To borrow a metaphor from the world of poker, Team Liberty wasn’t dealt a great set of cards in the November election. But the hand is still playable.
At the national level, the headline will be President Donald Trump being replaced by former Vice President Joe Biden. The Trump administration was a strong ally in reducing federal tax rates, removing destructive federal regulations, promoting worker freedom, and appointing rule-of-law judges to the federal bench.
Before the election, polling and the conventional wisdom strongly suggested that Biden would assume the presidency accompanied by an enlarged Democratic majority in the U.S. House and a new Democratic majority in the U.S. Senate. But Democrats lost most of their majority in the House and failed to win that Senate majority.
With a federal trifecta control of the presidency, Senate, and House, leftists could have achieved their wildest dreams through legislation. Trump tax cuts: repealed. Green New Deal: passed. Medicare for All: done. College debt: cancelled. Fifty-state forced unionism: check. Donor disclosure required: yep.
While President Biden can do some damage around those areas through executive orders, a future administration could repeal them all. A Republican Senate majority, meanwhile, cuts off the legislative path to the transformational threats, at least for the next two years.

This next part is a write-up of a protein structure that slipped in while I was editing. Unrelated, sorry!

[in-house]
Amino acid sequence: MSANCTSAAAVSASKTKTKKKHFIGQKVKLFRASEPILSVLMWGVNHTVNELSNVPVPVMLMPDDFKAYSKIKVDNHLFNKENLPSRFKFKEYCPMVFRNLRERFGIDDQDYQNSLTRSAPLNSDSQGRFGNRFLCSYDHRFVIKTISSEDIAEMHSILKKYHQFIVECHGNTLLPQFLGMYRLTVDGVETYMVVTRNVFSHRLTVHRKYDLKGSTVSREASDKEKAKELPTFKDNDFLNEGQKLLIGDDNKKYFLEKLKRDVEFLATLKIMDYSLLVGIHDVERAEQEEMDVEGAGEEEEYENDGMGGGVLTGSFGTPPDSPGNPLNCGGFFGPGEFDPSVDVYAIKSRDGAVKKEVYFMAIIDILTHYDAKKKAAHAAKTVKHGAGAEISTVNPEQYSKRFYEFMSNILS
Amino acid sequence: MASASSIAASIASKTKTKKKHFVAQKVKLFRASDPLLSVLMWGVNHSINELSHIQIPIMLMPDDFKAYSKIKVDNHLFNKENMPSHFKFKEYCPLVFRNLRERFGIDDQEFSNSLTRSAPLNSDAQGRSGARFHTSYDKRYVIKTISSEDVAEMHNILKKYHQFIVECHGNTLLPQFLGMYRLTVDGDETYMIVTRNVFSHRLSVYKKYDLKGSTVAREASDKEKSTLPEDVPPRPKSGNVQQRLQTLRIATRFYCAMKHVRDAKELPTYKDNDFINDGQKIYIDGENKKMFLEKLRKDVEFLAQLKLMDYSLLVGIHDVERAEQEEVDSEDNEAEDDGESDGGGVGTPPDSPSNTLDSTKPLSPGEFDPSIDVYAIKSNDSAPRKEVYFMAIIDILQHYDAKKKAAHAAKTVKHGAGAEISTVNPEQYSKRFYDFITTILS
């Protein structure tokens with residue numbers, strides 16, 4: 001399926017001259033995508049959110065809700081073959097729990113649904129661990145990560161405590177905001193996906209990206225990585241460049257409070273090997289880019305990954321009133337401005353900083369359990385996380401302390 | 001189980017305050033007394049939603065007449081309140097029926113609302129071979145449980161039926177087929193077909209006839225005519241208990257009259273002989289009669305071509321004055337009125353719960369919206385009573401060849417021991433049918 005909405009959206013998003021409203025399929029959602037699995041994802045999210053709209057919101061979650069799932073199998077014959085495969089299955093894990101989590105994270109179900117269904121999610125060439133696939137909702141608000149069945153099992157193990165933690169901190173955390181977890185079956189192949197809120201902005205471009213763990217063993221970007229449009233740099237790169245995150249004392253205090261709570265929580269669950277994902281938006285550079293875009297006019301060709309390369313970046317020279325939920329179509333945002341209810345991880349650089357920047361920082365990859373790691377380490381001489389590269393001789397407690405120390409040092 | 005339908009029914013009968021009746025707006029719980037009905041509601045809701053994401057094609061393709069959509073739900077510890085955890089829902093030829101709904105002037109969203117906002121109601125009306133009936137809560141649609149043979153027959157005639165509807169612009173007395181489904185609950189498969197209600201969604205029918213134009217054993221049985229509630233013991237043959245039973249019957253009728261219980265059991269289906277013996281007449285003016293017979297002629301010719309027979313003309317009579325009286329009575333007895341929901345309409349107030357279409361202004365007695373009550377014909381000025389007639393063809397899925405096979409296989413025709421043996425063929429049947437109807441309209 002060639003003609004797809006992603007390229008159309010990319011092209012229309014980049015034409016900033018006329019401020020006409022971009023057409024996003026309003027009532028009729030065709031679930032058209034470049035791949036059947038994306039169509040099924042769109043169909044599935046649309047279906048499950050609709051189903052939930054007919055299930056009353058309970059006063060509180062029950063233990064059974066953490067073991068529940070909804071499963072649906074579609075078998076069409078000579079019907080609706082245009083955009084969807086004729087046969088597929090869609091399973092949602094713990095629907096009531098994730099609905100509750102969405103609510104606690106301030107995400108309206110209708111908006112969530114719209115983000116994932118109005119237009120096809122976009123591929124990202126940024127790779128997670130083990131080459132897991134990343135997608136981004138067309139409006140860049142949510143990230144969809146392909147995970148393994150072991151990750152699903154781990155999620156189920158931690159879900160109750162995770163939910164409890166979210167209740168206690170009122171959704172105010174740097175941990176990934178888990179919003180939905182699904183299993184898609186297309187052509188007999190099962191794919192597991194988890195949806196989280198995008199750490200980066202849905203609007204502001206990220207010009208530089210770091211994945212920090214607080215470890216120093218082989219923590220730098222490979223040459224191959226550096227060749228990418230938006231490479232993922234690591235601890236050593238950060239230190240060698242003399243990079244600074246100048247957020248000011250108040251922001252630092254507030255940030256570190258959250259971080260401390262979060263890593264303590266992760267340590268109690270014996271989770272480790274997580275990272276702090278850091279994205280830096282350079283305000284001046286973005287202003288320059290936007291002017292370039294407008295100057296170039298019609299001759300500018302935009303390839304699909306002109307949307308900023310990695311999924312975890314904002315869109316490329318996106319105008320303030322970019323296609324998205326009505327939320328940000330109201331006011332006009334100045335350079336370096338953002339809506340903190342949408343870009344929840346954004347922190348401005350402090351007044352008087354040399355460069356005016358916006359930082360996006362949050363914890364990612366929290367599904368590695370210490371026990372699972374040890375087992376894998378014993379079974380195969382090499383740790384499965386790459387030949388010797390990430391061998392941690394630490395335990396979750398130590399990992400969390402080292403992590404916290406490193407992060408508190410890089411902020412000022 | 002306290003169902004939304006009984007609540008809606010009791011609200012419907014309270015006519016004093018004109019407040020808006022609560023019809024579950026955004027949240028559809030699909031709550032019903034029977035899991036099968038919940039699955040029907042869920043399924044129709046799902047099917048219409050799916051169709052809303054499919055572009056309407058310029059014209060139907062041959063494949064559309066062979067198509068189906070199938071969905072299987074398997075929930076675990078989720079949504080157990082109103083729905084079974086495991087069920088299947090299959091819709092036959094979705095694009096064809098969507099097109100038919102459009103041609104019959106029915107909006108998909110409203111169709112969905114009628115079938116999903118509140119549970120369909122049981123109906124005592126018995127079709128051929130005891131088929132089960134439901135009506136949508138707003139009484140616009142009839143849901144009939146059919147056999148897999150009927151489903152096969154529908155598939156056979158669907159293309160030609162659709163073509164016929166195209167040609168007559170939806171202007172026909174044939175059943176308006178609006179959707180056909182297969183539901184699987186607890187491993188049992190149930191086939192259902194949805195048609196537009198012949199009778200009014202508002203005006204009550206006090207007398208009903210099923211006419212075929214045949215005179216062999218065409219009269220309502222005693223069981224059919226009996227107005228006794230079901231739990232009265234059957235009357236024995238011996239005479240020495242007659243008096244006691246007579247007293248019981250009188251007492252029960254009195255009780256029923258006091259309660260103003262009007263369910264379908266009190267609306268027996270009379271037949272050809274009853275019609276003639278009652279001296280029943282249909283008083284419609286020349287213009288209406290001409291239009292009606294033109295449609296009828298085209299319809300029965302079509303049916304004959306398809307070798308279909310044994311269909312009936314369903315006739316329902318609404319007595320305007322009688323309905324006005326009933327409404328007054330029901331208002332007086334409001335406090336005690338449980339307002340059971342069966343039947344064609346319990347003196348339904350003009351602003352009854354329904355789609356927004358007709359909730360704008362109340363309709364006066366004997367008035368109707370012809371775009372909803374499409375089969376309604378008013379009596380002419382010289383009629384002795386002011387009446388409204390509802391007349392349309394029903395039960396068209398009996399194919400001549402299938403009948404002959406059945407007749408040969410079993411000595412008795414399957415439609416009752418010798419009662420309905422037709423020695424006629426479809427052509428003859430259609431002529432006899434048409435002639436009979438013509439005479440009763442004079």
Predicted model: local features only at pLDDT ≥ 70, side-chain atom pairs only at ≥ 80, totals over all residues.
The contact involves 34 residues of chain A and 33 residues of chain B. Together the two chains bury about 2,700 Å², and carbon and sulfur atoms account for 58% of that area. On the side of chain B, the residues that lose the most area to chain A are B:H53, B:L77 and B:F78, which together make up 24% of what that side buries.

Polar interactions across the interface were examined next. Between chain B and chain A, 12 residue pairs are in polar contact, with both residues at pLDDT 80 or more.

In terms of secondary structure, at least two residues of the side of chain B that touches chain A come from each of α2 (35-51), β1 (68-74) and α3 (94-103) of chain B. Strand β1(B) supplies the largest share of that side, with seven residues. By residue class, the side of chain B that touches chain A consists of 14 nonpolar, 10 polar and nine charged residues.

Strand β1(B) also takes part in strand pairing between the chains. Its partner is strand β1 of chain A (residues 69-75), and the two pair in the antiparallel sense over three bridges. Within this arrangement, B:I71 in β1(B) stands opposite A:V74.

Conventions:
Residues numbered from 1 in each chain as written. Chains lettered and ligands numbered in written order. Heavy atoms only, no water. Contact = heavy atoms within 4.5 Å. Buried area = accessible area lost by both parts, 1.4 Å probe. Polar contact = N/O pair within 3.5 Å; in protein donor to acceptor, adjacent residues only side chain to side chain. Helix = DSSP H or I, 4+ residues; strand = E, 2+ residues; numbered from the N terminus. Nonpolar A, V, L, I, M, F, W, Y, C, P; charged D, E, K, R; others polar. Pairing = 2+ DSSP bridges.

It also throws sand in the gears of staffing the top levels of the Biden administration. Republicans have already suggested that they will repay the Democrats for their procedural games in slow-walking President Trump’s cabinet nominees, and several extremist nominees could be rejected altogether.
Closer to home, Republicans will retain majorities in both chambers of the Michigan Legislature. Senators did not stand for reelection last November, and there was no change in the partisan makeup of the House.
Eight of the incoming Michigan House members participated in the Mackinac Center’s Candidate University last June, and we are opening lines of communication and collaboration with them and others before they join the Legislature. So far, we have been impressed by the experience and perspective of the incoming House class.
Two state senators resigned their seats at the end of December after winning elections to county offices. Those seats could remain vacant much of the year, depending on when Gov. Gretchen Whitmer schedules the special elections for their replacements. The effects of those vacancies will more likely be felt at the committee level, where certain policies lose a champion or at least a reliable vote.
The main impact of the Michigan election, though, is the flip of the Michigan Supreme Court. Liberty stalwart Stephen Markman, who was age-limited off the bench, will be replaced by former Michigan League of Conservation Voters President Elizabeth Welch. This will be the first time in many years that the court will have a majority of Democrat-endorsed justices. Expect the court to issue activist rulings in most areas of law and grant broad deference to the executive branch, especially in upcoming cases involving emergency powers.